Tactics of the Battle of Saratoga is subject of free talk at NYS Military Museum on Saturday, June 25

Related Media

Eric Schnitzer, who will be presenting a free talk at the NYS Military Museum is a contributor to this new book on the Battle of Saratoga.

SARATOGA SPRINGS, NY (06/21/2016)(readMedia)-- The strategy and tactics of the battles at Saratoga will be the subject of a free program at the New York State Military Museum on Saturday, June 25 at 1 p.m.

Eric Schnitzer, a historian and a ranger at the Saratoga National Historic Park will present the discussion.

Schnitzer will speak about the myths and misconceptions that have grown up around the battle, which hamper people's understanding of what really happened there in September and October of 1777.

He will discuss weaponry, commanders, personnel, and the training of the troops who fought on both sides.

Schnitzer contributed a chapter to the recently published book "The Saratoga Campaign: Uncovering an Embattled Landscape." The book focuses on the archeology of the battlefield and what is being learned there.

The talk is sponsored by the Friends of the New York State Military Museum, a not-for-profit which supports the New York State Military Museum and Veterans Research Center.

The New York State Military Museum and Veterans Research Center is housed in the historic New York State Armory in Saratoga Springs. The mission of the museum and research center is to preserve, interpret and disseminate the story, history and records of New York State's military forces and veterans. The collection is divided into the museum and the library/archives holdings.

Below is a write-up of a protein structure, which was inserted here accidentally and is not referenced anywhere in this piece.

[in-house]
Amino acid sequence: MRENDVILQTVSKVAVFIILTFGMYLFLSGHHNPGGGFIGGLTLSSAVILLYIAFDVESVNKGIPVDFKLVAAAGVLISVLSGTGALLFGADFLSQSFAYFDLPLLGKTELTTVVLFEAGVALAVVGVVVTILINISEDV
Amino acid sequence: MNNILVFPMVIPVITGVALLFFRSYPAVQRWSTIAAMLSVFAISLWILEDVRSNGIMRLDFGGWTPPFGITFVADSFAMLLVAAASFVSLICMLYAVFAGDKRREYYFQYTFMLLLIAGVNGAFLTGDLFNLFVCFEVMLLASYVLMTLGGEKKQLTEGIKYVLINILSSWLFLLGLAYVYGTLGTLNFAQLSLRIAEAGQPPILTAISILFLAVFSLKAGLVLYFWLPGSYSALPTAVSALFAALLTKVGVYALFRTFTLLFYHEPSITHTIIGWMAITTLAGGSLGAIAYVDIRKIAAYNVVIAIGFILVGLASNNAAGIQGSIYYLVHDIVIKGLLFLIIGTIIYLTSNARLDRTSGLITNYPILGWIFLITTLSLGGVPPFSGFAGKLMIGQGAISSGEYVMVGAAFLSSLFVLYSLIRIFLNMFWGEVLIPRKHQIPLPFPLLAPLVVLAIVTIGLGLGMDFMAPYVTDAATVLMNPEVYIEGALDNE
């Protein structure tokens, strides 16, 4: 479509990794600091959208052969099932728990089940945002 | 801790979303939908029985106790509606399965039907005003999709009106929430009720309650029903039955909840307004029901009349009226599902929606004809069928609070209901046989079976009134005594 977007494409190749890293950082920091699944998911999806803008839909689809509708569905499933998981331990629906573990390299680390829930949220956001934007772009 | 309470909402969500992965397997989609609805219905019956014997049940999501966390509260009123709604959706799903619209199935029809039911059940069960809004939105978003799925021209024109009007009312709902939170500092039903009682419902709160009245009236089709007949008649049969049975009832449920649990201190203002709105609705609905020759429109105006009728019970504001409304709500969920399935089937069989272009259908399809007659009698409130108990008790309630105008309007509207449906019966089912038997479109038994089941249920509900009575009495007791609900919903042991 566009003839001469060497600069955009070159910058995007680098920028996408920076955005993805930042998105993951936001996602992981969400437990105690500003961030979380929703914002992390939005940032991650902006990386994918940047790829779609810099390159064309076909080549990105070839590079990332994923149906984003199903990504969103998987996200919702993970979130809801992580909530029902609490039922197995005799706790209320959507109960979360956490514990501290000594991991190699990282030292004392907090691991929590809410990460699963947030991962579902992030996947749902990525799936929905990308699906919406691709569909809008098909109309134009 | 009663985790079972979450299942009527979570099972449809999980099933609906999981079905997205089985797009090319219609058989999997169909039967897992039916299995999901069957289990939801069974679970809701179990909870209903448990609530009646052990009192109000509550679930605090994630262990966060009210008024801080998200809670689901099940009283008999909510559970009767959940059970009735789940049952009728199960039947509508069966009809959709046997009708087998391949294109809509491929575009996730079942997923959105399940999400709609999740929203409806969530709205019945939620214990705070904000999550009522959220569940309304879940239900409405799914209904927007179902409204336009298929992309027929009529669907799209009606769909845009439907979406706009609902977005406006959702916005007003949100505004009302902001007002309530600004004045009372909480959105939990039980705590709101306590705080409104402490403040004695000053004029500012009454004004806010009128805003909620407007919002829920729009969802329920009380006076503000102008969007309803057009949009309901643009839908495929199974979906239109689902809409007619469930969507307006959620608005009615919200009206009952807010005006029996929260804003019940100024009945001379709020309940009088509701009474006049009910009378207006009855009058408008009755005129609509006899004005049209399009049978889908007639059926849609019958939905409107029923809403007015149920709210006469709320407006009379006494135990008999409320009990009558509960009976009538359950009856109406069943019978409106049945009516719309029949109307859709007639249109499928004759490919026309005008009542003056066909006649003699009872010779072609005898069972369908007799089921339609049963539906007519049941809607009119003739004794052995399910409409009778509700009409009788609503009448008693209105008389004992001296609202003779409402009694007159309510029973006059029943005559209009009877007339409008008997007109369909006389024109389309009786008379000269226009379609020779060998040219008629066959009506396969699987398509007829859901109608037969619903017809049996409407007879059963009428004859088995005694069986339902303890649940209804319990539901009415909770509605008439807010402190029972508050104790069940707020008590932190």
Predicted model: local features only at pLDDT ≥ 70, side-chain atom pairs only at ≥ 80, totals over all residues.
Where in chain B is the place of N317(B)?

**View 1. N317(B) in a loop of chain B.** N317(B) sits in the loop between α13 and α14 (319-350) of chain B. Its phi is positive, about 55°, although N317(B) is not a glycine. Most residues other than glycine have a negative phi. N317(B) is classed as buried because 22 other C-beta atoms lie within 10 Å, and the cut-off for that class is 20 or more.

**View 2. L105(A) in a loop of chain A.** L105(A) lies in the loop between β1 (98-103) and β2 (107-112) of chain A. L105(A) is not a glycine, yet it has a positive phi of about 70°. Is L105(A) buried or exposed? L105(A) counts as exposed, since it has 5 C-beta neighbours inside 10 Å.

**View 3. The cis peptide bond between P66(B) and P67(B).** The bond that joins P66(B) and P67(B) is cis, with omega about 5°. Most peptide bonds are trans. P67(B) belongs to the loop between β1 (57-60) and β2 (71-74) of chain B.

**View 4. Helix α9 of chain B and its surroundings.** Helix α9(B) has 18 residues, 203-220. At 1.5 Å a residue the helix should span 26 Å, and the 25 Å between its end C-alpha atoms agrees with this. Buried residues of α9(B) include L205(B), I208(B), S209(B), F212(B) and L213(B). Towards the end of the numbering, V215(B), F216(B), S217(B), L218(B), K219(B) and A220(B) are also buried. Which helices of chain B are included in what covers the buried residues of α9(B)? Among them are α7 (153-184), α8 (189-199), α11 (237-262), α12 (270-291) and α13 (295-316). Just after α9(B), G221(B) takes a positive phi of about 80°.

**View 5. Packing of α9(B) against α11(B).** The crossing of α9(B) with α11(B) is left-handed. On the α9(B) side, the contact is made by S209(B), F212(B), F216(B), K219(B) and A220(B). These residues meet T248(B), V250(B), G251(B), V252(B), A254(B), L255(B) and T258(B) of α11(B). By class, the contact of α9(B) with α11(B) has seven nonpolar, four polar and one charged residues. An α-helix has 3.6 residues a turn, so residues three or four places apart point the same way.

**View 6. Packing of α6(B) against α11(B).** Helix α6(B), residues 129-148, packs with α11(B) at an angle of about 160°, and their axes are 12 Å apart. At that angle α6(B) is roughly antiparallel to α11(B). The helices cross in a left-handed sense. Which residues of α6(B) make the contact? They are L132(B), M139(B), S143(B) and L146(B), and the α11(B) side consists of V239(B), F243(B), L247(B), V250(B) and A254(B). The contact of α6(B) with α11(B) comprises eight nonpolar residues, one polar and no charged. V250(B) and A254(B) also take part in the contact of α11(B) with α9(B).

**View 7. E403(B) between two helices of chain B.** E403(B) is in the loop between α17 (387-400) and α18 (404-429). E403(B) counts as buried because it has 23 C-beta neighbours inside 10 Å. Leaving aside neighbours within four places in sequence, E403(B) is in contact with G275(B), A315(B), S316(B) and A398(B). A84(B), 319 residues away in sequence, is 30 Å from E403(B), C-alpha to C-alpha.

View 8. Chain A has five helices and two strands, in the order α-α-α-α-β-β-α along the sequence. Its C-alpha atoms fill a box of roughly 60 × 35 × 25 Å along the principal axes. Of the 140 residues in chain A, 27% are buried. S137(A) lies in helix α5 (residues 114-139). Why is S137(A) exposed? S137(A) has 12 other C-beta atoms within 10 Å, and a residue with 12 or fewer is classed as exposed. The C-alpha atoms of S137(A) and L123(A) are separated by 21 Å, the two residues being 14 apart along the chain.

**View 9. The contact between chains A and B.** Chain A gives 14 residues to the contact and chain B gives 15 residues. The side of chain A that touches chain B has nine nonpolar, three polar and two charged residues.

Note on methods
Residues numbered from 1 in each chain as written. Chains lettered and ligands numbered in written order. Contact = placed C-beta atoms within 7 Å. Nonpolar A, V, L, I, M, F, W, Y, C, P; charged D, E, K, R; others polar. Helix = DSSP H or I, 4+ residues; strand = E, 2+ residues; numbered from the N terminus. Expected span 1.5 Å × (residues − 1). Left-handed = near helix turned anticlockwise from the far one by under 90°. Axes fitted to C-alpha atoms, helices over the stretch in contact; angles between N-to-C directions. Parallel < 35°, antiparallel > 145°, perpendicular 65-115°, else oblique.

The museum has permanent exhibits telling the story of New York's men and women in the Civil War, World War I, World War II, the Revolutionary War and as members of the state militia in the 19th Century. The museum has more than 10,000 artifacts ranging from the Revolutionary War to the Wars in Iraq and Afghanistan.

The New York State Military Museum is also responsible for the historical exhibits and artifacts at New York's 41 Army National Guard armories. These artifacts and displays, which include historic armored vehicles once used by the Guard, connect current Army National Guard Soldiers with those who served in the past.